Microsoft Launches ‘Planetary Computer’ to Reach Biodiversity Goals
06 May 2020
Two brand new Savannah airplanes have arrived in Mozambique for use by the country’s National Administration for Conservation Areas (ANAC). The acquisition of the aircraft was funded by PPF, whilst ANAC financed the costs associated with permanently importing the airplanes from South Africa.
One of the two-seater Savannah airplanes will be used in Maputo Special Reserve in the Lubombo Transfrontier Conservation Area where PPF has entered into a agreement with Mozambique’s Ministry of Land, Environment and Rural Development (MITADER) to co-manage the reserve with ANAC. The plane will be used for the planning and execution of reserve development, conservation management and anti-poaching operations. The planes also have a night rating which allows the parks to patrol for suspicious activities during after dark – the critical time when most illegal activities usually take place in protected areas.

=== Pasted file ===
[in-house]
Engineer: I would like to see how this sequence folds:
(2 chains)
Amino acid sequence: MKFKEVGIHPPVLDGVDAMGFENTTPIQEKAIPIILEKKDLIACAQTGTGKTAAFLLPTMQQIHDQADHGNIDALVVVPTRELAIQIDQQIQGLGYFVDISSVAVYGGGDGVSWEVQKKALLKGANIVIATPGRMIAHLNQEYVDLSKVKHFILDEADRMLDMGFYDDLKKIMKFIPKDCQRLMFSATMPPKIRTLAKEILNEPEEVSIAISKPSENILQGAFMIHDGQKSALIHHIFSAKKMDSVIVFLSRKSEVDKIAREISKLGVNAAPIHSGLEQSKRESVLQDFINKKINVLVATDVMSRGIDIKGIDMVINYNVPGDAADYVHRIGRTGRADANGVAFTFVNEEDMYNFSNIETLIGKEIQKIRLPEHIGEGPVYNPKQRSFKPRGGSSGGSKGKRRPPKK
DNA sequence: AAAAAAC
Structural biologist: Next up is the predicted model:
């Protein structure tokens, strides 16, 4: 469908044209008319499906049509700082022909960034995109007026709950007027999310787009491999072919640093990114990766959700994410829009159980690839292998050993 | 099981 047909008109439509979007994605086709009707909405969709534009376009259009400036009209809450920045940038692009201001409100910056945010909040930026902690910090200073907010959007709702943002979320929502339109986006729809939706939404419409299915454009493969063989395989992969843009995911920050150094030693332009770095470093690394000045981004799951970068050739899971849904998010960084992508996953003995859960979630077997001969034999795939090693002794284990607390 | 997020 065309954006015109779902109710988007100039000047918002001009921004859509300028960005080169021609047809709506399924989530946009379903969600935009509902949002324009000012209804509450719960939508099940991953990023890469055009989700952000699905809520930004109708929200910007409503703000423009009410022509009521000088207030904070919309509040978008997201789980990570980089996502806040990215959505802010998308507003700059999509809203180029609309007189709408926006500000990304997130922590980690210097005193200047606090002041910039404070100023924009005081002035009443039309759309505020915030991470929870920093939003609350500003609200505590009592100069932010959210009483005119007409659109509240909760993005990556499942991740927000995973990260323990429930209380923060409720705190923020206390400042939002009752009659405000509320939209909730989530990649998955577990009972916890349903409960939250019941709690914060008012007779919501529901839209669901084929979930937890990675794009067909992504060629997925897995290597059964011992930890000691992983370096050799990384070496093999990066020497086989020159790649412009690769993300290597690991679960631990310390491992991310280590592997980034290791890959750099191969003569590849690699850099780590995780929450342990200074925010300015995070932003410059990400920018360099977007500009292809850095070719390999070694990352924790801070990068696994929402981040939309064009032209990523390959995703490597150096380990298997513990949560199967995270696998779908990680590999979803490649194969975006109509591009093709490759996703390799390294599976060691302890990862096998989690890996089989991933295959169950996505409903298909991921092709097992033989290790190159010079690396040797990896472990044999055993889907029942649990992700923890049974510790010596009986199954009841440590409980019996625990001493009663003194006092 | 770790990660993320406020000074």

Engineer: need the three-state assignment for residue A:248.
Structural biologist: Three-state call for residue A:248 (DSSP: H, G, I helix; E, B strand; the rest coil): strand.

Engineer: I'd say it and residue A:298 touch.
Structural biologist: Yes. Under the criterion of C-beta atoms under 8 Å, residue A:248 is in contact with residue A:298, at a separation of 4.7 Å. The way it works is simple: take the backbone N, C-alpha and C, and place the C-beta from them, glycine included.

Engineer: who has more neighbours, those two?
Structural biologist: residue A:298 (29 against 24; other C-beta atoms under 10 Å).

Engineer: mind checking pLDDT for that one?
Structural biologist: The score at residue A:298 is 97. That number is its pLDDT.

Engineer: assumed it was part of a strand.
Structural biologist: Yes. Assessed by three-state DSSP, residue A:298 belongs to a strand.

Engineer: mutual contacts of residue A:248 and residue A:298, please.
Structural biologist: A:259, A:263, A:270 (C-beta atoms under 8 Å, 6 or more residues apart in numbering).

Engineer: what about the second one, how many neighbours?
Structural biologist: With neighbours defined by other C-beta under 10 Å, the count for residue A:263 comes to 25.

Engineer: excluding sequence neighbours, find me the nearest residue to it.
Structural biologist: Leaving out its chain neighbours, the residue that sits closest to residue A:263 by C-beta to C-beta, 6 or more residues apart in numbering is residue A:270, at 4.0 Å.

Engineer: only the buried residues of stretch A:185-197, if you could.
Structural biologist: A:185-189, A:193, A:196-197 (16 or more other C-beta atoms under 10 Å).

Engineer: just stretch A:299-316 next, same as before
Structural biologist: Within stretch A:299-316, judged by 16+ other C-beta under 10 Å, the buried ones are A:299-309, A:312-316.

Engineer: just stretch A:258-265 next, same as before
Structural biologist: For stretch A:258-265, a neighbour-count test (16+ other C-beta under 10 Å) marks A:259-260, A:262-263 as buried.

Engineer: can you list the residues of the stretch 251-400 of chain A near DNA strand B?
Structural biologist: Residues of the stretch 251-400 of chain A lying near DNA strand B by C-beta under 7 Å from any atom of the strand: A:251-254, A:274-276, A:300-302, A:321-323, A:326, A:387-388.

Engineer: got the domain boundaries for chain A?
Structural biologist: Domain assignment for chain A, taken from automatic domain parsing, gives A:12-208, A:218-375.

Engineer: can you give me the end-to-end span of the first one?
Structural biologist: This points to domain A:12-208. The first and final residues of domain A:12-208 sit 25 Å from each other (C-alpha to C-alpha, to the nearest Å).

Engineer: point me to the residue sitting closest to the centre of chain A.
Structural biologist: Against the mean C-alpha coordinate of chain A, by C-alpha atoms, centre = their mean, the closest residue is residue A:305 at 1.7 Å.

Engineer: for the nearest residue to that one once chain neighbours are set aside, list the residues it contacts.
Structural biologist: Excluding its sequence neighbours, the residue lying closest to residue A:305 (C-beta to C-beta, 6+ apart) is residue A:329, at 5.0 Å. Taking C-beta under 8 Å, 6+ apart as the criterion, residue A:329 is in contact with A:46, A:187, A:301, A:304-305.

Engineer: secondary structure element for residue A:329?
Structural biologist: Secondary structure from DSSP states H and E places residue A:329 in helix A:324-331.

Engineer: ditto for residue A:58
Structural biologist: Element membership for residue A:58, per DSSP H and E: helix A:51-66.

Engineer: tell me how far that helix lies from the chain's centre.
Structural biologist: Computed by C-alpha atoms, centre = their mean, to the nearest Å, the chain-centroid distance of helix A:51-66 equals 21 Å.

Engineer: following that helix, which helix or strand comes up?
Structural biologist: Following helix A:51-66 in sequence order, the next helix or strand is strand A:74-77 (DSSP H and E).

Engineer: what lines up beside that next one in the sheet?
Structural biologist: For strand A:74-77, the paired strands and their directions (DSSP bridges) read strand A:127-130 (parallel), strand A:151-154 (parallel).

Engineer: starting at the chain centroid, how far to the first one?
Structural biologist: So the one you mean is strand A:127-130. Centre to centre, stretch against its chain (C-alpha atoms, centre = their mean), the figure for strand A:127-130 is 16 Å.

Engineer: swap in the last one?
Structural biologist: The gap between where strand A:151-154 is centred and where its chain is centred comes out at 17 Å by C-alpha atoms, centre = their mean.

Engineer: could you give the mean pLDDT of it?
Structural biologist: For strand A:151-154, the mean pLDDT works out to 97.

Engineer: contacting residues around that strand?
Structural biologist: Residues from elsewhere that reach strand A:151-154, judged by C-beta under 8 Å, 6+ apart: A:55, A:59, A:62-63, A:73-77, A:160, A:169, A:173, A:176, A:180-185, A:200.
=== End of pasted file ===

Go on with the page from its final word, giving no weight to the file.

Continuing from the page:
The second airplane will be used for similar activities in Zinave National Park that forms part of the Great Limpopo Transfrontier Conservation Area and is co-managed by PPF and ANAC.
In order to ensure sustainability in the use of the airplanes, PPF also paid for two pilots – one from Maputo Special Reserve and one from Zinave – to train for and acquire their Private Pilots Licenses, which is a requirement Mozambique Aviation Authority in order to fly a Mozambique registered aircraft. Operating in remote conservation areas bring its own unique challenges, one of which is that aeronautical mechanics aren’t just around when you need them. In order to address this, the pilots also received training to operate safely and be able to handle certain mechanical issues out in the field.